Courtesy of The Weinstein Company
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User Reviews

 
Domestic Abuse and Denigration
3 March 2015 | by 3xHCCHSee all my reviews

"Big Eyes" was nominated under Comedy & Musical category during the last Golden Globe Awards. Lead actress Amy Adams even won the Best Actress prize for starring in it. While I was watching this film though, it turned out to be furthest from what I had in mind for a comedy. The topic of this film was actually disturbing and depressing. However, being a Tim Burton film, there was certainly dark humor to be had.

This film is a biopic of 1950s novelty pop artist Margaret Keane (formerly Ulbrich, nee Hawkins). She developed a series of haunting acrylic paintings of kids with big dark round eyes. Walter Keane, her rascal salesman of a husband, took advantage of the rising popularity of her paintings. He claimed and mass-marketed them as his own.

Meanwhile, timid Margaret was forced to conform to his web of lies. She was locked in her workroom in their home to paint even more Big Eyes, away from the prying eyes of the public, and even her own daughter. Will Margaret be able to break free from the prison she has trapped herself into?

Amy Adams quietly carried this film capably on her shoulders. There was nothing funny about what she had to do here as Margaret. Her character was the victim of a most cruel crime. Her husband stole not only her art, but also her confidence, and her very freedom. Adams played a weak character, but as an actress, Adams was anything but. With her wise underplaying, Adams successfully won our empathy and compassion for her difficult plight.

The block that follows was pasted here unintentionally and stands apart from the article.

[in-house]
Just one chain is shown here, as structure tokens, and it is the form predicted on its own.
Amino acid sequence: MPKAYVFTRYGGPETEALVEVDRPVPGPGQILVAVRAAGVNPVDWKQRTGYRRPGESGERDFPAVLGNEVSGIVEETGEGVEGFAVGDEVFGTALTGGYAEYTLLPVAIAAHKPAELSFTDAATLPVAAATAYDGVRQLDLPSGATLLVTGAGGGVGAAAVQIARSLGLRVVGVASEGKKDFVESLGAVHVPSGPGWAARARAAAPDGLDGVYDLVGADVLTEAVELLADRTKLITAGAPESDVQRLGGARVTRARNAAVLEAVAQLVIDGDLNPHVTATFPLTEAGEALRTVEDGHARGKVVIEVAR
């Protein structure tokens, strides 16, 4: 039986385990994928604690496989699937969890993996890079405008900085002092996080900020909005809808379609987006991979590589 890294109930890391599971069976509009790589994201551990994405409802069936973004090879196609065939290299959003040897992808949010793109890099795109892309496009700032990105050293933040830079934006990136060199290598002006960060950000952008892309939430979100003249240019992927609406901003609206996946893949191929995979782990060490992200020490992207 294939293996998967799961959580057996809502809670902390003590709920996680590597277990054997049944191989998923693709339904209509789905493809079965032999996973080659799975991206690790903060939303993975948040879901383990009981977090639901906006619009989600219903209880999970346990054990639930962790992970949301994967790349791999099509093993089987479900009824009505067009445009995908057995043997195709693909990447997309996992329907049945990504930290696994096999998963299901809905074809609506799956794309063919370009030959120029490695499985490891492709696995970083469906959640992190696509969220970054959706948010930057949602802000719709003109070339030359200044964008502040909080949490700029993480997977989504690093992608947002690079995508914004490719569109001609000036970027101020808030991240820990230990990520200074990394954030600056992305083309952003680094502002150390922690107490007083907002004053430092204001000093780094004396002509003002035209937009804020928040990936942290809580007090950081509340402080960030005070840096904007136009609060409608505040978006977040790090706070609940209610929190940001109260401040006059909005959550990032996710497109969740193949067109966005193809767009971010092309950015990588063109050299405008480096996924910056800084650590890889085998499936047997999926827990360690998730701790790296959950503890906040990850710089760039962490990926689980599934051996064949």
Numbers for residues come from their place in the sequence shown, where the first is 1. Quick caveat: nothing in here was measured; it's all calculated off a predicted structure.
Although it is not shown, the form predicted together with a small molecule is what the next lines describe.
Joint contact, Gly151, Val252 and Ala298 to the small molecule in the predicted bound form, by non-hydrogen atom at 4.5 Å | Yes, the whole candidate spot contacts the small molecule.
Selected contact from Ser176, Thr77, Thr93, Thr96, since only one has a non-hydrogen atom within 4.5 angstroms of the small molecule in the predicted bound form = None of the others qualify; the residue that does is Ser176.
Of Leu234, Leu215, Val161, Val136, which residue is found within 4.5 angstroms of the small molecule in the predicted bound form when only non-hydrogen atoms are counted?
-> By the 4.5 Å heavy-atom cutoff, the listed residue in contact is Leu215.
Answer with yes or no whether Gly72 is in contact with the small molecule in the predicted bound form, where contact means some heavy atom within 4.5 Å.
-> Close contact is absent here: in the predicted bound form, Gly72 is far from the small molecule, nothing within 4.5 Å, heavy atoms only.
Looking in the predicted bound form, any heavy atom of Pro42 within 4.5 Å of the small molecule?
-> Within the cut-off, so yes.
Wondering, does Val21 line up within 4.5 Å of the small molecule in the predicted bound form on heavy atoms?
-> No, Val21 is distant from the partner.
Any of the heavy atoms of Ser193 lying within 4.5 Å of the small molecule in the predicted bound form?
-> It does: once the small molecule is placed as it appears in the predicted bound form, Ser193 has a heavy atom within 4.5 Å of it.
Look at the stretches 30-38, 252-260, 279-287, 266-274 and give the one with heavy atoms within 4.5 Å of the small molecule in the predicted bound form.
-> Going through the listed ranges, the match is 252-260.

Christoph Waltz, on the other hand, was over-the-top, one-dimensional, practically cartoonish, as the manipulative con-man Walter. From his very first scene, you already knew this smooth-talking guy was up to no good. Up to his very last scene in that courtroom, Waltz's Walter was a manic caricature, never really coming across as a real person at all. This may well Tim Burton's direction in play, as this character Walter was the source of most of this film's black humor. Waltz's fiery interaction with Terence Stamp's harsh NY Times art critic character is most memorable as well.

This film's narrative was simple and straightforward. Yet because of Amy Adams' riveting and heart-rending performance, we will be held until the compelling end. The technical aspects of the film, particularly the pastel color palette of the photography, as well as the period production design, costumes and makeup, all contribute to the overall charming look and nostalgic feel of the film as a whole. 7/10.


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Details

Official Sites:

Official Facebook | Official site | See more »

Country:

USA | Canada

Language:

English | French | Italian

Release Date:

25 December 2014 (USA) See more »

Also Known As:

Big Eyes See more »

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Box Office

Budget:

$10,000,000 (estimated)

Opening Weekend USA:

$3,001,738, 28 December 2014

Gross USA:

$14,482,031

Cumulative Worldwide Gross:

$29,253,166
See more on IMDbPro »

Company Credits

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Technical Specs

Runtime:

Sound Mix:

Dolby Digital

Color:

Color (ACES)

Aspect Ratio:

1.85 : 1